Skip to content

Outtakes Of A Press Photographer

September 13, 2020
by the gentle author

When Libby Hall was a press photographer in the sixties, based in Clerkenwell and travelling back and forth from her home in Clapton, she occasionally photographed her immediate surroundings as a diversion from her daily work. Yet half a century later these almost inconsequential outtakes have transformed into a powerful evocation of a lost era.

Libby Hall’s desk In Farringdon Rd

‘These photographs were mostly just lens tests, or moments of light that appealed to me on my journeys back and forth to work as a press photographer. The bookstalls were immediately across the street from the newspaper I worked for. I do miss those wonderful bookstalls even though they used up a considerable chunk of my then meagre wages. It was impossible to pass by without having a look – but then what treasures there were to be found!’ – Libby Hall

Looking down onto Farringdon Rd

Looking across to Turnmills St, Clerkenwell Session House and Booth’s Gin Distillery

Bookstalls in Farringdon Rd

Farringdon Station

Liverpool St Station

Clapton Station

Photographs copyright © Libby Hall

You may also like to take a look at

Libby’s Hall’s Collection of Dog Photography

Libby Hall’s Dogs of Old London

24 Responses leave one →
  1. Maurice permalink
    September 13, 2020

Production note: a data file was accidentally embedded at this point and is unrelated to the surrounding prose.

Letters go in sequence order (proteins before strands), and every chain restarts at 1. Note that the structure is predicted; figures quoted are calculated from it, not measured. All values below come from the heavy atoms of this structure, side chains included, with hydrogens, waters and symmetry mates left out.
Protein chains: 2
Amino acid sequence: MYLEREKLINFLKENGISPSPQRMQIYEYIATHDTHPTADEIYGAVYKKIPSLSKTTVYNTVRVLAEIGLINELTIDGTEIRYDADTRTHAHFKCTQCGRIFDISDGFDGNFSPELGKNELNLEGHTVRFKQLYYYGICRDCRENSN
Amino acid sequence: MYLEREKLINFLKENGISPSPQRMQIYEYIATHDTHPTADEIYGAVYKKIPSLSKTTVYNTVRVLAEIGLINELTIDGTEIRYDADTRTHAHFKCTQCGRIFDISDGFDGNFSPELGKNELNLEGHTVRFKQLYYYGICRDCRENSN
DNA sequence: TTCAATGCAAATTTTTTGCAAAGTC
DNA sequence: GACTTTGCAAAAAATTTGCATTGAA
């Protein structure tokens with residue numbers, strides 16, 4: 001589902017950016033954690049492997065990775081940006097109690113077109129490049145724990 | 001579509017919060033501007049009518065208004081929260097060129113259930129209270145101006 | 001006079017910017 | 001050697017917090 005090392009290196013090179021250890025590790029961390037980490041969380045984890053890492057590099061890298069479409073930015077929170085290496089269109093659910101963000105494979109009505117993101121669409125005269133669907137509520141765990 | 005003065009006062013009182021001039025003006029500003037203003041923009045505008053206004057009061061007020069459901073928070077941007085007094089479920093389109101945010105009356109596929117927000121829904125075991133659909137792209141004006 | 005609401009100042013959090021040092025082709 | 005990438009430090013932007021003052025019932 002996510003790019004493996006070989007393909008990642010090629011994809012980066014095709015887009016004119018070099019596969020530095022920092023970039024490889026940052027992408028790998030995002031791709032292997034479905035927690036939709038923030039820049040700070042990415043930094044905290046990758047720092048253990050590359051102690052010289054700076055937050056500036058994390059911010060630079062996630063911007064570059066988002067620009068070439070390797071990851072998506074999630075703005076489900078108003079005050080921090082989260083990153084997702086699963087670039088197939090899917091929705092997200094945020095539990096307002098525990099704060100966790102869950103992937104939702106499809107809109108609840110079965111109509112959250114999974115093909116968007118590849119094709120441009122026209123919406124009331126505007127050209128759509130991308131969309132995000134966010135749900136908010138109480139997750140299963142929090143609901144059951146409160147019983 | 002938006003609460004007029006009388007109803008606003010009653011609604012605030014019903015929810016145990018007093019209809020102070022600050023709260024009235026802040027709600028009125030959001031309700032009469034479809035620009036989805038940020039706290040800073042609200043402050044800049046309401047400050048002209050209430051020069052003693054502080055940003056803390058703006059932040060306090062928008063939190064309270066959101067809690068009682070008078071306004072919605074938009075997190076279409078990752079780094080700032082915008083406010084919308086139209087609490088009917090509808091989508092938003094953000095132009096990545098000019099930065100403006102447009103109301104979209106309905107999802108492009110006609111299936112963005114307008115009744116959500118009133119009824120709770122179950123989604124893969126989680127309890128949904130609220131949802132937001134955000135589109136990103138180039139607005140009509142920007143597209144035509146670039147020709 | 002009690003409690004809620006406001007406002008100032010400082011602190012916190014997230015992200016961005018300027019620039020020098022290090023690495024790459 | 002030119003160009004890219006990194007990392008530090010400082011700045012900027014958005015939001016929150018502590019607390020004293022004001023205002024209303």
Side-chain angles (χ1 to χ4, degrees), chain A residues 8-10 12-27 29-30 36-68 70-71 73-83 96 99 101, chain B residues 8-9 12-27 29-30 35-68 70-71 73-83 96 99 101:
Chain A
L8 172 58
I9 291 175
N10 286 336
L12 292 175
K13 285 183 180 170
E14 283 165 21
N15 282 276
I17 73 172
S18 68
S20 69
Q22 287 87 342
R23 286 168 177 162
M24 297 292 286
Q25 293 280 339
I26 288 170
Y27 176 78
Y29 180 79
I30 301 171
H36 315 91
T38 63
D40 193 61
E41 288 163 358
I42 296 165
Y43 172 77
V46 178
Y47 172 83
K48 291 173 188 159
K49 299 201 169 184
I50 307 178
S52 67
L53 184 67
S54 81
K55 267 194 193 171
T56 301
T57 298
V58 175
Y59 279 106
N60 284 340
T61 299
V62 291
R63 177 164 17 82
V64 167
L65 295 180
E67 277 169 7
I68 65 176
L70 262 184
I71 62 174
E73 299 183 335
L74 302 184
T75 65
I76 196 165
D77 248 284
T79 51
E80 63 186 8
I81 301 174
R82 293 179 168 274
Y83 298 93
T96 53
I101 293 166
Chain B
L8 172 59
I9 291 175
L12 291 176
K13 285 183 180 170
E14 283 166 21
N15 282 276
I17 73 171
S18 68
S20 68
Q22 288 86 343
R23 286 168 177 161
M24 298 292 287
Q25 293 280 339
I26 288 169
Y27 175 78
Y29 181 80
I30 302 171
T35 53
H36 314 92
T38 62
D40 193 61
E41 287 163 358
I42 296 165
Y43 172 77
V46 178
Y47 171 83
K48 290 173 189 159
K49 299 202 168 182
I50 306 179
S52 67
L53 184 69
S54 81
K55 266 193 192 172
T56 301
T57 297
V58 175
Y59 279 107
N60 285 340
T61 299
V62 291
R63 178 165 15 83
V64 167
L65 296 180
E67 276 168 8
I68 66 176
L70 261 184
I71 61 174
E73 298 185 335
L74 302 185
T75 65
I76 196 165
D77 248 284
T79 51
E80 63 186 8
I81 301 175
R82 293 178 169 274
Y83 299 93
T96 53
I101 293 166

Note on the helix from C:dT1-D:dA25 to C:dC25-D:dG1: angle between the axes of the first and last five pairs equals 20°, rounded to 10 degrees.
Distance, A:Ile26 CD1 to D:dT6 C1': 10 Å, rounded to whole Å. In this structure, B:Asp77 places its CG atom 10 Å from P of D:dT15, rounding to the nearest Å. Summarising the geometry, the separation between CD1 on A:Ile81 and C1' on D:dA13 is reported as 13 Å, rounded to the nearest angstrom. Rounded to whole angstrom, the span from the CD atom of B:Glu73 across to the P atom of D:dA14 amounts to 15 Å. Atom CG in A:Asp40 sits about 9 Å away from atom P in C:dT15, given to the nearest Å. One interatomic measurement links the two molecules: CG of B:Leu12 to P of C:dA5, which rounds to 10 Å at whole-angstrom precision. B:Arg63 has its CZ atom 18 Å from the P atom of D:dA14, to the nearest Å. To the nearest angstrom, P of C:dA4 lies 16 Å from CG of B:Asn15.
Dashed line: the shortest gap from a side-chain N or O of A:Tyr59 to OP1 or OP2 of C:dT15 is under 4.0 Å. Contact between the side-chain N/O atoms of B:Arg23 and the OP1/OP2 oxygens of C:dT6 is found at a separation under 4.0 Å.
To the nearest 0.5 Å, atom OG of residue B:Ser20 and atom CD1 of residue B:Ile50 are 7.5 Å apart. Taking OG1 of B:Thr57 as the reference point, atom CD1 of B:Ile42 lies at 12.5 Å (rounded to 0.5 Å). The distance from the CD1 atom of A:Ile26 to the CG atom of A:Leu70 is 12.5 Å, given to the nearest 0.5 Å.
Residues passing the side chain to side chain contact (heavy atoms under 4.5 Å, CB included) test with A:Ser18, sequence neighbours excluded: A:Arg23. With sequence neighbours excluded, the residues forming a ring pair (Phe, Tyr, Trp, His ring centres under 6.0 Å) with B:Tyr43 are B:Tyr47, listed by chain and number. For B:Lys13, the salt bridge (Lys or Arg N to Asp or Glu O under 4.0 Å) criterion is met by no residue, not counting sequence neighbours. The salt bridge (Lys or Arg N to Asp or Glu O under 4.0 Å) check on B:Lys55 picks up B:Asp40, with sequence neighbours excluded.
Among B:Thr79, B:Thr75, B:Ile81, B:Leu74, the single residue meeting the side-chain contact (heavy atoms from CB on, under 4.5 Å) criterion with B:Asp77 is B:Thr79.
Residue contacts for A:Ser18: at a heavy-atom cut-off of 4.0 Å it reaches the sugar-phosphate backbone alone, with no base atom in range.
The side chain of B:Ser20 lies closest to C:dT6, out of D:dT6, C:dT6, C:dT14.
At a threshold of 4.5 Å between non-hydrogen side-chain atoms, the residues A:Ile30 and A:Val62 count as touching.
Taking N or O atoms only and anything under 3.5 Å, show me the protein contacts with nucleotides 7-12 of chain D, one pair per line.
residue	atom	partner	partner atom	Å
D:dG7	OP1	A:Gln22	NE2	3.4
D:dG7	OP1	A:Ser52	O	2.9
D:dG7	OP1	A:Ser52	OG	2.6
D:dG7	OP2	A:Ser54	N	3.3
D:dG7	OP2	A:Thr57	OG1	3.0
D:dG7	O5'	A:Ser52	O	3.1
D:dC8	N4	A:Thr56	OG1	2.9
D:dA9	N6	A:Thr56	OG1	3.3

These photos are truly fantastic especially the ones of Clapton station.

  2. September 13, 2020

    A beautiful set of photographs, Libby, potently evoking another era: the vast, crass billboards; the homely signs. Queenies Corner; Gentlemen’s Hairdressing – 6 Assistants. And details of a daily routine: jagged valences on a station canopy, papers on the desk of a busy journalist, browsing books on barrows at lunchtime. Did you know fellow book scavengers Iain Sinclair and Martin Stone?

  3. September 13, 2020

    I just LOVE the photographs of the bookstalls.

  4. Gilbert OBrien permalink
    September 13, 2020

    Ah, the memories. The photos look like the pictures in my imagination. All those books in the Farringdon Road — all those happy hours browsing — all gone. This collection of pictures was especially moving for me.

  5. Greg T permalink
    September 13, 2020

    How much has changed – and some parts that have not …
    The “Castle” in Turnmill/Cowcross Street is still there.
    That pub is unique, by the way – does anyone else here, know why?